Review Summary: A solid blackened tribute to the Divine Mother.4 of 4 thought this review was well written
A divine mother to the enlightened and a ferocious killer to those fearful of death, the Hindu goddess Kali is a figure of reverence and terror alike - a being that is by all accounts complex, mystical and arcane. What better genre to pay tribute to the Divine Mother than the fearsome majesty and ritual violence of black metal? Cult of Fire (who are actually from the Czech Republic) move away from done-to-death “orthodox” Satanism obnoxiousness on their second record “मृत्यु का तापसी अनुध्यान” (that’s Hindi for “Ascetic Meditation of Death”) in favor of a focus on Hindi mythology, creating an album that is entirely dedicated to this most fearsome of Hindi goddesses.
One would think that the heady subject matter would call for a black metal sound akin to such arcane artisans of dissonance Deathspell Omega or Blut Aus Nord, but Cult of Fire surprisingly make very few tweaks to the black metal style. The record is introduced with “संहार रक्त काली”, which lures the listener in with a sinister-sounding sitar before careening into a familiar sounding blitzkrieg of blastbeats, repetitive tremolo riffing and hoarse snarls. It’s generic and predictable at first glance, but further listens reveal a band that is comfortable and more than adept within the genre constraints they confine themselves within.
Cult of Fire play a black metal that’s savage and melodic in equal measures, but perhaps the most intriguing aspect of the record as a whole is how listenable it is. Tracks like“काली मां” (track 4) and “खण्ड मण्ड योग” (track 7) toss out pseudo-Wagnerian synth choir cheesiness for a shimmering Hammond organ that has no business working as well as it does while the band rages over it all with bafflingly uplifting - yet muscular - guitar riffing. The aforementioned 4th track overflows with grandiosity and triumphant melodicism that’s almost comforting to listen to, and “मृत्यु ही सत्य है” (track 5) propels itself into battle with riffing that wouldn’t sound out of place on a Windir album before that Hammond organ strikes again and brings the song to a cheery climax. Last track “दिव्य प्रेम की ज्वाला से दग्ध” even eschews the metal entirely towards the end in favor of a 3 minute sitar respite, ending the record on a comforting, meditative note.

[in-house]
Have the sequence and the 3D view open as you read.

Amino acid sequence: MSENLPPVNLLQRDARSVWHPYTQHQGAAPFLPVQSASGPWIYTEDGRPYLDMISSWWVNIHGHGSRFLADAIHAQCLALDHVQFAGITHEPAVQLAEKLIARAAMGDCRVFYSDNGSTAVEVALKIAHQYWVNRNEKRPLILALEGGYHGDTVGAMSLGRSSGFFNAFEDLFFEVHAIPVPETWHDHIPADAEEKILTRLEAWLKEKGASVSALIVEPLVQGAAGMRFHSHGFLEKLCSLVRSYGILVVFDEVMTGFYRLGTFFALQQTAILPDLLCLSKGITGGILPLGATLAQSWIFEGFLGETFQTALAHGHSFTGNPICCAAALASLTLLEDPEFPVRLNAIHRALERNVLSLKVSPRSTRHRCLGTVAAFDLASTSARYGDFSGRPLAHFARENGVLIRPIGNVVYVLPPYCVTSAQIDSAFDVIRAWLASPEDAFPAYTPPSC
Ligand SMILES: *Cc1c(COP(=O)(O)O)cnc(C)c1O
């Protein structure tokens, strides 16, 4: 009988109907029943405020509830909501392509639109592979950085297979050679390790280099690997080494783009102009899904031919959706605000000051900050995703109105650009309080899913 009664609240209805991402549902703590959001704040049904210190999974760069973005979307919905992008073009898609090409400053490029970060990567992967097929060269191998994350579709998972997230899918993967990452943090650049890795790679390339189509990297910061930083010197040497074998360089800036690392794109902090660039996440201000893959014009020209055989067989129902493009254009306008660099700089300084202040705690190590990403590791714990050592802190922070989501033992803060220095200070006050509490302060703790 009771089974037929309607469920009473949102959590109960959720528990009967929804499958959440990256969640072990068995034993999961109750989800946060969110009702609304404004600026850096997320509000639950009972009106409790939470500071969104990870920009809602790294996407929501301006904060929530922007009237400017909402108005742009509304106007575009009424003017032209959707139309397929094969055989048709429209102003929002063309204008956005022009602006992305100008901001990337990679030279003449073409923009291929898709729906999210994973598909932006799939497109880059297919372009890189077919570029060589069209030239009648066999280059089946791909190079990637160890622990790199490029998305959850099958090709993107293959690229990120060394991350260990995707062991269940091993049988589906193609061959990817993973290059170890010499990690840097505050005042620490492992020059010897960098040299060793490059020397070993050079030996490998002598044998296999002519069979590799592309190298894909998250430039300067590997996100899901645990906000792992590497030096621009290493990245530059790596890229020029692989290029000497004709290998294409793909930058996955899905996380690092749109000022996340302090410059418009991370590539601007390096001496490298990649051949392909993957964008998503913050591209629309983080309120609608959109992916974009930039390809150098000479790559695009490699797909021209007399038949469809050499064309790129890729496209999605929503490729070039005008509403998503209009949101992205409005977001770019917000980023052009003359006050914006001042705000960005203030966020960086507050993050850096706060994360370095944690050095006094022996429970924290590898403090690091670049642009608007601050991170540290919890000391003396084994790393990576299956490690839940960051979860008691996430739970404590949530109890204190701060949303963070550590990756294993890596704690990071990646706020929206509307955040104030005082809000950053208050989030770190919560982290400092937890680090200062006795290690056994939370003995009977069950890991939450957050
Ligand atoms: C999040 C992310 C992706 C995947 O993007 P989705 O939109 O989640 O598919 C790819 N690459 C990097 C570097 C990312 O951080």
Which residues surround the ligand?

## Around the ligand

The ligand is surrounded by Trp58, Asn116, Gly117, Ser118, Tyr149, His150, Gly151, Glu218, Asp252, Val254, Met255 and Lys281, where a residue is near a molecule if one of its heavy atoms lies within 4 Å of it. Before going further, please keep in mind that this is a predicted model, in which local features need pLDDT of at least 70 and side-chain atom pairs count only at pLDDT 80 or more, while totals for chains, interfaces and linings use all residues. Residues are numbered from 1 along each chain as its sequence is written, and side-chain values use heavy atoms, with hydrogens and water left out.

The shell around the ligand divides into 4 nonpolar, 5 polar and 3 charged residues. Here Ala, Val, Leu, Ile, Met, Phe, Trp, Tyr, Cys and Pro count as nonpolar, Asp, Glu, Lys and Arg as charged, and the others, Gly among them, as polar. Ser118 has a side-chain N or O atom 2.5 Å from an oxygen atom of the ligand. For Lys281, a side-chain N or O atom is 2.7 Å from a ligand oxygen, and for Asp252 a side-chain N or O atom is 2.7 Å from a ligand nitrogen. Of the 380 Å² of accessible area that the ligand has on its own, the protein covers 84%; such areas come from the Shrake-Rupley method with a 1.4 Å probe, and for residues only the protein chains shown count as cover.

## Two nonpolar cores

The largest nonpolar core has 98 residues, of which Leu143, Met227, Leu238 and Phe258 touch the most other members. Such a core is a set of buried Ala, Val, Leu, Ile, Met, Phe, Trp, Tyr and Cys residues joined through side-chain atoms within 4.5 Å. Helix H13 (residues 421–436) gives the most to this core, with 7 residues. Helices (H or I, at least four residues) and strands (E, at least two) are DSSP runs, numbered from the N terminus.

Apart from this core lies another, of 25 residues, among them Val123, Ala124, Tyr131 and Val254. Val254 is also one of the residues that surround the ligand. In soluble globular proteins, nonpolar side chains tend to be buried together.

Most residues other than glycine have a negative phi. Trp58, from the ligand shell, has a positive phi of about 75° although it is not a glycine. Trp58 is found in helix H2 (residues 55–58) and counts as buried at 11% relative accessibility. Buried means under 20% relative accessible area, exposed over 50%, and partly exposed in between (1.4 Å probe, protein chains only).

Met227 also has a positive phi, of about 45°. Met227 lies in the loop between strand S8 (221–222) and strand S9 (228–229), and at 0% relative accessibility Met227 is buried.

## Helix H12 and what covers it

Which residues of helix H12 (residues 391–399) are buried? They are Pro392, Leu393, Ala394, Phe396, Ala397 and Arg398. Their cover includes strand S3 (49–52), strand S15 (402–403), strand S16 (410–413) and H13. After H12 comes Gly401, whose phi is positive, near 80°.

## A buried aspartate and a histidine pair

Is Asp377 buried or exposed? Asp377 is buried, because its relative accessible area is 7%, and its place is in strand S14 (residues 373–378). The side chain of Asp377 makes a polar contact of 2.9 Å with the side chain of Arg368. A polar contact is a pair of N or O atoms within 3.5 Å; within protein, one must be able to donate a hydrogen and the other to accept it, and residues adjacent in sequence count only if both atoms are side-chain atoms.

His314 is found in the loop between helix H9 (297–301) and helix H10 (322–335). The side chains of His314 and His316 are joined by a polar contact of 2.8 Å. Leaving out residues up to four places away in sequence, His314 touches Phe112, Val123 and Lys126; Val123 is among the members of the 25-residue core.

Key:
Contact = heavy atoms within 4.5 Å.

"Ascetic Meditation…" is hardly the most innovative or challenging black metal record to explore esoteric religious themes, but with the amount of craft and vigor that Cult of Fire offer in its stead, I’m compelled not to care one bit. By all accounts, Cult of Fire’s only objective is to give thanks and praises to the Divine Mother Kali that only the firebrand energy of black metal in its classic form can achieve. It is undeniably formulaic, but the record is more of a celebration of the genre conventions of black metal than it is a fallback out of a lack of anything new to offer. Cult of Fire are confident and comfortable in their own skin, and clearly could give a damn whether or not they’re perceived as generic or predictable in an over-saturated metal environment - and what could be more uniquely black metal than that?
Originally published on www.angrymetalguy.com